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"資工三甲 493511450 鄭彥暉前言

OSI模型 7個層級中網路層主要的功能是將原始點機器上的封包經過路由器,選擇一條路徑送達目的地機器,繞送演算法 (routing algorithm)為網路層軟體的一部份,主要是決定輸入封包應以哪一條輸出線傳送出去

而且這學期上到網路概論也有敎到許多的routing algorithm,剛好可以來研究一下資料在網路的路由器是如何做傳送,而最短路徑路由和距離向量路由是廣泛使用的靜態和動態路由技術

簡介一、非調整性繞送 ( Nonadaptive algorithm )

決定繞送的方式不是依據目前流量及網路分佈,而是在網路啟動時載入路由器中。這個過程稱為靜態路由(static routing) 

          

最短路徑路由

演算法的構想是建立一條通訊線路,從一對路由器之間找出最短路徑

 圖一:計算A至D之最短距離前5步驟,箭頭所指為工作點而找最短路徑的演算法最常使用Dijkstra演算法,起初演算法未找到任何路徑,因此所有節點標示的距離為無限大,然後不斷進行發現新路徑,節點標示值也隨之改變,顯示出較佳路徑,剛開始的標示值都為暫時的,直到起始點發現到某一節點的最短路徑時,該標示則為永久的標示。圖一是說明演算法的圖示,圖一(a)中邊上的數字代表距離。我們想從找尋AD的最短距離。先將A點塗黑作為永久標示,然後檢查與A相鄰的點,並且標上由A到他的距離,當我們重新設定一個節點時,同時也將他的前一個節點紀錄下來,以便重建最短路徑。藉著我們檢查所有與A相鄰的點看哪一個距離最短,就把他塗黑作為工作點,而他的標示值也變成永久的。然後我們再看B點,同樣檢查與B相鄰的節點,如果將B點到各相鄰點的距離再加上原本標示在B身上的AB的距離,經過比較便可再決定出一條較短的路徑如圖一(b)到圖一(c)的過程,A經由BC9,A經由BE4,照著這樣的方法便可以決定出一條最短路徑 Dijkstra演算法

void shortestpath ( int v , int cost[] [MAX_VERTICES], int distance[], int n , short int found[] )
  {
   int i , u , w ;
   for ( i = 0 ; i < n ; i++ ) {
     found[i] = FALSE ;
     distance[i] = cost[v][i] ;
   }
   found[v] = TRUE ;
   distance[v] = 0 ;
   for ( i =0 ; i < n - 2 ; i ++ ) {
     u = choose ( distance , n , found ) ;
     found[u] = TURE ;
     for ( w = 0 ; w < n ; w++ )
       if ( !found[w] )
        if ( distance[u]+cost[u][w] < distance[w] )
           distance[w] = distance[u] + cost[u][w] ;
   }
  }

 

比較
  1、計算單一起點最短路徑的時間複雜度為 O(n2)n為圖形中的頂點數
  2、計算任意兩點間的最短路徑,所需的時間複雜度為O(n3)n為圖形中的頂點數

   魚型問題  路由決策一般基於簡單度量(如跳數或時延) 原則,採用最短路徑演算法,這種簡化做法使路由技術獲得了很好的伸縮性,但在資源分配和優化等方面卻沒有提供足夠的支持。這可以通過著名的“魚型問題”來說明。        圖一().所示的網路拓撲形狀如一條魚,節點G代表魚頭,AB代表魚尾,數據流從AB流向G從魚尾到魚頭有CDFCEF兩條路徑。如果CDFCEF短,則路由協議將選擇CDF作為最短路由,AB的業務流都將沿著CDF走,結果造成CDF負載沉重而CEF卻被閒置的情形。從這個例子我們可以發現,路由協議實際上很“傻”。

這個問題源於IP路由協議的兩個基本特點:

 

  第一,基於目的地選路。目的地址相同的數據包在被轉發時,選擇的下一跳也相同。所以,在路由表中,到達某目的地的路徑只有一條(除非有多條成本相同的路徑存在)。這樣,網路中可用的其他鏈路就無法被利用起來,流量分布很難預測,實現均衡更不可能。

   第二,局部優化。每個節點都獨自選擇路徑,相互之間缺乏協調合作,故整個網路的路徑選擇無法得到優化。如在圖1中,很多節點都獨立地選擇CDF,結果導致最短路徑成了最擁擠的路徑。在這種情況下,較長的路徑反而可能是更好的選擇。為了優化網路總體資源利用率,路由決策應該從全局觀點出發,把整個網路視為一個對象考慮。   在極端的情況下,最短路徑演算法還可能導致路由振盪。假如某節點在某時刻根據路由協議選擇CDF作為從CF的最短路徑,當所有業務流都經過時,該路徑就變得異常擁塞,而另一條CEF則很空閒。下一次路由更新時,假如路由協議把CEF選為最短路徑,則此改變就會將原來CDF的流量轉移到CEF上。結果呢,情況倒置,CEF擁塞,而CDF卻變得空閒。每次路由更新都會引起路徑選擇的翻轉,從理論上講,該過程會持續到無窮大。 優點1.          最短路徑路由屬於靜態路由所以需要網路管理者手動輸入路徑表,這樣可以讓你高度掌握路由器用來執行路徑決定工作的確切資料2.          路由器之間不必發掘新路徑也不需要交換彼此的路徑資訊3.          可產生有效率的環境,頻寬可全部留給終端機傳送資料4.          所有路徑都已知,不必再浪費路由器CPU時間發現新路徑,不會有額外的處理成本5.          網路較安全,只定義一個網路進出點而又是防火牆就可以監視過濾網路缺點互連網路的傳輸很容易因一條線路中斷而失敗。當線路斷掉時,路由器不會去發現其他的新路徑,以致於傳輸出了問題。  維護靜態網路需要大量的管理負擔,只要網路上有任何變動,例如新增或斷掉一線路,移除一台路由器,網路管理者都要更新每部路由器的路徑表。不適合用於大型的網路環境,原因也是上面的理由如上圖所示,A路由器到C路由器的線路斷掉,然後A收到一個目的地為Net30的封包,A要把他傳送過去,但是偵測到不通所以把封包丟了,但是A不知道可以經由BC,所以就都不能傳了。我們要解決這樣的問題就必須手動來改變路由器傳送封包的路徑,如果網路有很多的路徑,線路常常出問題,網路管理者就需要常常來做變更的動作。 二、可調整性演算法 ( Adaptive algorithm )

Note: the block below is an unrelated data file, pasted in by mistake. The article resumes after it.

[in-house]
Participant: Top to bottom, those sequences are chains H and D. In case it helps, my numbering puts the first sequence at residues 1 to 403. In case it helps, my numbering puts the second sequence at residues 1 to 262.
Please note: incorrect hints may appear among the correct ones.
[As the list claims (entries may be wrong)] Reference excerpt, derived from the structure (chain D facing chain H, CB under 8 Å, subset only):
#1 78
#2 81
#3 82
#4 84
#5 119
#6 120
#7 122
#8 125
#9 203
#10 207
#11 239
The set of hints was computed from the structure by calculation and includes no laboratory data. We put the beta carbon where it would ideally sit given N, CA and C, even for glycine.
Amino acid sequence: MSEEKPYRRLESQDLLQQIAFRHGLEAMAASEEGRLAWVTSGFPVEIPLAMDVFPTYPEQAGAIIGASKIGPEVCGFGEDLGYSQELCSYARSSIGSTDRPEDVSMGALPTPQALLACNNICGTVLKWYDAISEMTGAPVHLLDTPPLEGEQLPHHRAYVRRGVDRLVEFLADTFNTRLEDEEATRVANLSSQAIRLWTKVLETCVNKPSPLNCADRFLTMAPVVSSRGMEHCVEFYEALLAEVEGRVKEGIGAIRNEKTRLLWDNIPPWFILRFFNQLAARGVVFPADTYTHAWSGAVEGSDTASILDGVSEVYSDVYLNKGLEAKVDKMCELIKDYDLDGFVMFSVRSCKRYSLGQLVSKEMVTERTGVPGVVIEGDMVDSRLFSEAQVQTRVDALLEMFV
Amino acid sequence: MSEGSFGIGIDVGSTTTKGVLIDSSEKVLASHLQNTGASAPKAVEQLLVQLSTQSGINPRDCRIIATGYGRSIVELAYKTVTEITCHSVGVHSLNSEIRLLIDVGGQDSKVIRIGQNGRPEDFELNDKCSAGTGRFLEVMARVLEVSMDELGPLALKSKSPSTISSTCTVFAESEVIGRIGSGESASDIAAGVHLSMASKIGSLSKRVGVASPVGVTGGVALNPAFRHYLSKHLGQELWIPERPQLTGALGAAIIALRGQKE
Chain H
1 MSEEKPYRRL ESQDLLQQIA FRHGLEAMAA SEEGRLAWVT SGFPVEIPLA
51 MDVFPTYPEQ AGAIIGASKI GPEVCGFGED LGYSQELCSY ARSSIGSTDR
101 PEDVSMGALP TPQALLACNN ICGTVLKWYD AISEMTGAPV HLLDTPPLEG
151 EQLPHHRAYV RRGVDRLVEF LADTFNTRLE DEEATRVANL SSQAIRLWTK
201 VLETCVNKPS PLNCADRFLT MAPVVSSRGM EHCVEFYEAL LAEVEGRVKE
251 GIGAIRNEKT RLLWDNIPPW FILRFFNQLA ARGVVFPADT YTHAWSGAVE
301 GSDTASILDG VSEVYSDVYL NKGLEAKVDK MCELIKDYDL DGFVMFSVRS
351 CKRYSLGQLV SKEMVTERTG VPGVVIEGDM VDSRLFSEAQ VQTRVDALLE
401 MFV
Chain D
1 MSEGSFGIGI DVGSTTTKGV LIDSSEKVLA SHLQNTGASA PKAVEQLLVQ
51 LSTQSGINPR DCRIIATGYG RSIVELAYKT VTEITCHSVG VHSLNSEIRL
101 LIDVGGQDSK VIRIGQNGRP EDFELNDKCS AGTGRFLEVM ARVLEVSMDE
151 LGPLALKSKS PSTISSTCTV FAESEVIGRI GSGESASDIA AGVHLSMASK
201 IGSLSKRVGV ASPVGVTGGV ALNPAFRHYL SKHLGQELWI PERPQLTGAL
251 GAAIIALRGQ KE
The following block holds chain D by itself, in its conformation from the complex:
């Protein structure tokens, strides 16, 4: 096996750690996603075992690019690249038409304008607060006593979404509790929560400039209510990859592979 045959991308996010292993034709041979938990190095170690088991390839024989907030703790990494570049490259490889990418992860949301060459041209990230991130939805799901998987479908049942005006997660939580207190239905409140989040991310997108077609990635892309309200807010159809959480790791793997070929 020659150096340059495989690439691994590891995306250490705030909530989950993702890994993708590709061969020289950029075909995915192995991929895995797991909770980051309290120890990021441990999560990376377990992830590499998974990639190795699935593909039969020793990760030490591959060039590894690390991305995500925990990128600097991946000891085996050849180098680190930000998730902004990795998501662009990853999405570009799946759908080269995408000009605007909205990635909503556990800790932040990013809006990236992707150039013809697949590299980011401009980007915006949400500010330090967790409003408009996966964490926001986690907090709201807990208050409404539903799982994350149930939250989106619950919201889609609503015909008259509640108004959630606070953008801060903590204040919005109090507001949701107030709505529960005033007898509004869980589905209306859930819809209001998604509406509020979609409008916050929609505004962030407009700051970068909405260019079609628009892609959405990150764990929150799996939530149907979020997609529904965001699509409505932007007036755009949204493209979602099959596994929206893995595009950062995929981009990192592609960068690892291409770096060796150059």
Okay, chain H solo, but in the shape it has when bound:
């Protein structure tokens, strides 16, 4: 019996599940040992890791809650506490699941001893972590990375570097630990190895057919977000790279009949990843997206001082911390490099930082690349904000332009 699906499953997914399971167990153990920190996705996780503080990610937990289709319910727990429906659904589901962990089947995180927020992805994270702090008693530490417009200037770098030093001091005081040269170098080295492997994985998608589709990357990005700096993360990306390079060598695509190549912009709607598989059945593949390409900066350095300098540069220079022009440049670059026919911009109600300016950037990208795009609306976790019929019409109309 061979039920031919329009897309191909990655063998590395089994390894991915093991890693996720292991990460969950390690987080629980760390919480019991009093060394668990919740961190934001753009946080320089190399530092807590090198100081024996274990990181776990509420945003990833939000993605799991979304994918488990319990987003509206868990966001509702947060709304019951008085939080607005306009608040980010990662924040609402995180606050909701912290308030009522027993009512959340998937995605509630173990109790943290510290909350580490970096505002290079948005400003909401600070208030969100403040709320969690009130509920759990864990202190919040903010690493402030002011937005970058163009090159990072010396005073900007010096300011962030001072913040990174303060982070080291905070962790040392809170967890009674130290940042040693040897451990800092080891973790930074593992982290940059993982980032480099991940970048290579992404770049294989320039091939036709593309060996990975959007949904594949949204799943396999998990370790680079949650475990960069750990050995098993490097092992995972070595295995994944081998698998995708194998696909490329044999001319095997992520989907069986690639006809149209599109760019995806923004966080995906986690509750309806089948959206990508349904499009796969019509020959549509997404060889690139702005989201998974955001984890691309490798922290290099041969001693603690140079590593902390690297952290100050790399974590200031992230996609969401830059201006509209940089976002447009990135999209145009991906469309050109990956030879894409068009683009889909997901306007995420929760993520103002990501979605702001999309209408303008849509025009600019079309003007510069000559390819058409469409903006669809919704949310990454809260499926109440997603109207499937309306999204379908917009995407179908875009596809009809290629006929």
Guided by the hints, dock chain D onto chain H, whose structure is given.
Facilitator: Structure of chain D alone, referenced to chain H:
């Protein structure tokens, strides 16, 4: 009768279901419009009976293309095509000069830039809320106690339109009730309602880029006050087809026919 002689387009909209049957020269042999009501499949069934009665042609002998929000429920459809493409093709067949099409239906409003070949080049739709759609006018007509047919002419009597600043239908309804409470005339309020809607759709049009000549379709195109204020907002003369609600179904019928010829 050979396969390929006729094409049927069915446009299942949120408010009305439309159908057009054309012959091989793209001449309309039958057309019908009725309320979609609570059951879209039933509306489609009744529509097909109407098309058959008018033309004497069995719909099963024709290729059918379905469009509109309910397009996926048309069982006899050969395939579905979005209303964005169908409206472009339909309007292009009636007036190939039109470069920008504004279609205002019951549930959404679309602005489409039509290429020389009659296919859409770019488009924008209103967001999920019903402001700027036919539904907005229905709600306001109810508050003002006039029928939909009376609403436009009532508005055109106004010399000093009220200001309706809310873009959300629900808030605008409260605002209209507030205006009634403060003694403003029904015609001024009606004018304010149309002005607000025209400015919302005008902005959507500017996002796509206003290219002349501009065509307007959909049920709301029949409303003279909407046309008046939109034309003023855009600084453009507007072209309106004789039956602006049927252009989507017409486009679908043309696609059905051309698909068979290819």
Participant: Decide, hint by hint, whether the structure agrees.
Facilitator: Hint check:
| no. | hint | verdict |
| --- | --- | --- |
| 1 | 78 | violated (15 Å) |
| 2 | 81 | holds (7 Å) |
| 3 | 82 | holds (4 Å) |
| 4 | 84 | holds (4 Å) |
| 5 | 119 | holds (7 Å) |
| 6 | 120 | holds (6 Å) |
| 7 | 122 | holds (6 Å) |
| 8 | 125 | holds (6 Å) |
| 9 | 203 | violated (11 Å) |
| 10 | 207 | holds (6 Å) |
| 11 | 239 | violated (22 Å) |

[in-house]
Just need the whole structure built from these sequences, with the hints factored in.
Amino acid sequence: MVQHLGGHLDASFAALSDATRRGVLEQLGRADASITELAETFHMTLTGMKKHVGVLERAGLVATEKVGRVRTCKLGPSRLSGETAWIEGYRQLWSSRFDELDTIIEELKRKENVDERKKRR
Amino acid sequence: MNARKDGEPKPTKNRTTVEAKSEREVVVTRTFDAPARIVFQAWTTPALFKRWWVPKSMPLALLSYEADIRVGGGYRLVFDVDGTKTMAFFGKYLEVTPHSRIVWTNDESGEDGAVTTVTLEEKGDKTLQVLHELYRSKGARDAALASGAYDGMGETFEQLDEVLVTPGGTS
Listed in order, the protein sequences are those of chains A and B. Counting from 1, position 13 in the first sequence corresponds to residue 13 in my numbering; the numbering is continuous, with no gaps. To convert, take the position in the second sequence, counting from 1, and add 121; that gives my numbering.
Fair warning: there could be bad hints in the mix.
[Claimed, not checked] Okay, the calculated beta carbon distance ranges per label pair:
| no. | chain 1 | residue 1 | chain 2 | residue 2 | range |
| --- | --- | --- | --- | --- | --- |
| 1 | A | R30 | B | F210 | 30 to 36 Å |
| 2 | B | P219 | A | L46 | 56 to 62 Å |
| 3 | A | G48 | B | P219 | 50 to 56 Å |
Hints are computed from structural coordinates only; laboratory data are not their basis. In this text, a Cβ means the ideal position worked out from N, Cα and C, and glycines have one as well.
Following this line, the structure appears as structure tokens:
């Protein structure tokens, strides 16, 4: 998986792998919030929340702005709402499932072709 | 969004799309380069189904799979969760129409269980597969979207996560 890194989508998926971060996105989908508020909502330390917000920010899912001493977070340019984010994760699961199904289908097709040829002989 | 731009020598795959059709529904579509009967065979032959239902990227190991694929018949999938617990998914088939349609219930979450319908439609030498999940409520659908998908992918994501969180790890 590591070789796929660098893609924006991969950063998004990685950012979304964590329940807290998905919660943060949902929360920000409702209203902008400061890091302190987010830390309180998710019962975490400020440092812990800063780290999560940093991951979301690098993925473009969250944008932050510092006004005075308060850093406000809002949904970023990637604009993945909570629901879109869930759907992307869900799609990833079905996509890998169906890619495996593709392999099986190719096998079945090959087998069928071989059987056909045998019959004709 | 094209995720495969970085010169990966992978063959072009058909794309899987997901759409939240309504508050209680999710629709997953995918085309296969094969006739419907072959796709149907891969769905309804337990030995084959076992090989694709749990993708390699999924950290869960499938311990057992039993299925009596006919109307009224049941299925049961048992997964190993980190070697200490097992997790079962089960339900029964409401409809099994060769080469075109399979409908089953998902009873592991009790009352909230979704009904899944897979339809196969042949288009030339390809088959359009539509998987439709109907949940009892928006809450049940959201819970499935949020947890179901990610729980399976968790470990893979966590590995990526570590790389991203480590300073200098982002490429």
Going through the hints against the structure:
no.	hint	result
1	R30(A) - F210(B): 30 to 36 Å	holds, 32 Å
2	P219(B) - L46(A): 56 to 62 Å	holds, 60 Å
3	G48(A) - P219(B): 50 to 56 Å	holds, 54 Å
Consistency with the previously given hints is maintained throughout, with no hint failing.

繞送的途徑視網路分佈與流量改變

  距離向量路由 距離向量演算法也有其他的名稱,如分散式Bellman-Ford路由演算法及Ford-Fulkerson演算法。ARPANET最初就是利用此法進行路由,後來在網路上稱為RIP   其演算法的運作方式是每個路由器必須維護一個表格(如一個向量),表中紀     錄本身的路由器至每個目的地之已知最佳距離,與到達目的地需要使用哪    些線路。路由器定期與他的鄰居交換表格資訊。 

聲明:我們說到當一個網路到另一個網路的距離時,這裡的距離

             有很多不同的解釋,不一定是實際地理上的距離。有很多

             使用距離向量路由的繞送協定對於距離的計算有不同的單

             位。但都是要算出一個數值稱為衡量指標(metric)或稱路

             徑成本以下是幾種計算衡量指標的變數:

              

u中繼站計數:計算封包到達目的地前經過的路由器

                        數目

    u頻寬:以低頻寬為遠距離,高頻寬為近距離 

u延遲時間:指封包透過傳輸媒介傳送所花的間,有

                    可能受到兩端實際距離和線路壅塞程度

                    影響      u負載:指網路資源的使用率,如路由器CPU使用率

u可靠度:這個值要人手動設定,如線路好壞給予等

                 級   等會兒的說明距離是延遲時間    在距離向量路由法中,每個路由器會維護一個路由表,以子網路內的每個路由器做為索引,並在每個路由器建立一筆紀錄,每筆紀錄有2部分:(A)到達目的地所優先使用的輸出線,(B)到達目的地之時間或距離估算。   圖三(a)(b)說明路由資料更新的過程,圖三(a)為一個子網路,圖三(b)的前4個欄位顯示從路由器J鄰近節點所獲得的延遲向量。                  圖三(a) A宣告A本身對B的延遲是12msec,對C25msec,對D40msec。假設J預估對鄰近節點AIHK的延遲分別為8101216然後我們接著來計算JG的新路徑:1.          JèAèG = 8+18 = 26 msec (代表一個封包從JAG所須延遲時間)2.          JèIèG = 10+31 = 41 msec3.          JèHèG = 12+6 = 18 msec4.          JèKèG = 6+31 = 37 msec經過這樣的比較,我們算出新最佳路徑並且更新表格,然後照這樣的方法我們用於其他的路由器來做各路由表的更新如圖三(b)最後一欄。 問題產生:路徑迴圈(routing loop) 使用距離向量繞送協定的網路可能會發生一些問題,最有名即是路徑迴圈(routing loop)。每當網路拓樸發生改變,網路就會有一段不穩定的時期,直到路由器收斂為止。大部分的問題都是因為收斂的時間太慢,或者路由器收斂不正確的資訊。封包在兩個或兩個以上的路由器間來回不斷轉送,形成一個迴圈就稱為路徑迴圈,迴圈通常是收斂期間的問題造成,圖四即表示迴圈路徑情況。 圖四中,B路由器到Net1的連結中斷,他很快就偵測到這個問題,並且從路徑表中移除這條路徑,在下一次的路徑更新,B路由器把他的路徑表送給C路由器,C因此得知B失去了到Net1的連結,所以也移除了到Net1路徑的紀錄。而就在剛剛移除之後D送路徑更新記錄給CC看到D有一條衡量指標為2的路徑到Net1。所以計算出一條經由D且衡量指標為3的路徑到Net1。問題就產生了,CD都認為另一方可以到達Net1,所以封包就在兩路由器之間轉來轉去。C還會把他新算到的Net1路徑給B,導致B把要送給Net1的封包送給C,這樣又陷入路徑迴圈之中。 解決方法 

最大的中繼站計數:能讓封包跳出無窮路徑迴圈。封包在網路上

                                     &n"

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一、                猜數字簡介

猜數字是一種益智的小遊戲,一般而言是兩人以上玩的遊戲,由一人構思一個四位數字,每位數字不可重複!而其他人(猜題者)每猜一個數字出題者必須給出?A?B,A代表有數字猜中且位置放對,而B代表猜中數字但位置錯誤!例如:題目為1234猜題者猜1567則為10B,因為只有猜中1且位置對;若猜題者猜5167則為01B,因為只有猜中1但位置錯誤!以此類推,直到猜題者猜到4A。

有時候會限制猜題次數以增加困難度,根據資料上表示,此遊戲若以最嚴謹的計算,人和數字皆可在7次內猜出!所以限制次數在6次或更少,難度自然增加,但有時連次數都不加以限制,以降低難度!可謂老少咸宜之益智小遊戲!

二、                人腦V.S.電腦

人腦思考猜數字遊戲已是相當花費腦力,更何況要電腦使用人腦邏輯去思考解決問題,勢必是更加的複雜,所以通常是使用Brute-Force方法去要求電腦找出解答!

    人腦可能的想法有下列兩種:

1.推理解:

假設猜題數字123400B則排除1234的可能,因為若解答中含有1234任一數字,則至少會有1B!重複嘗試之後,找出4個數字再去排列組合找出正確解!

2.代入解:

藉由推理出的可能解,把不可能含有的數字替換掉,查看查看哪些數字可能會在答案中!通常此種方法猜測次數比推理解要來的多!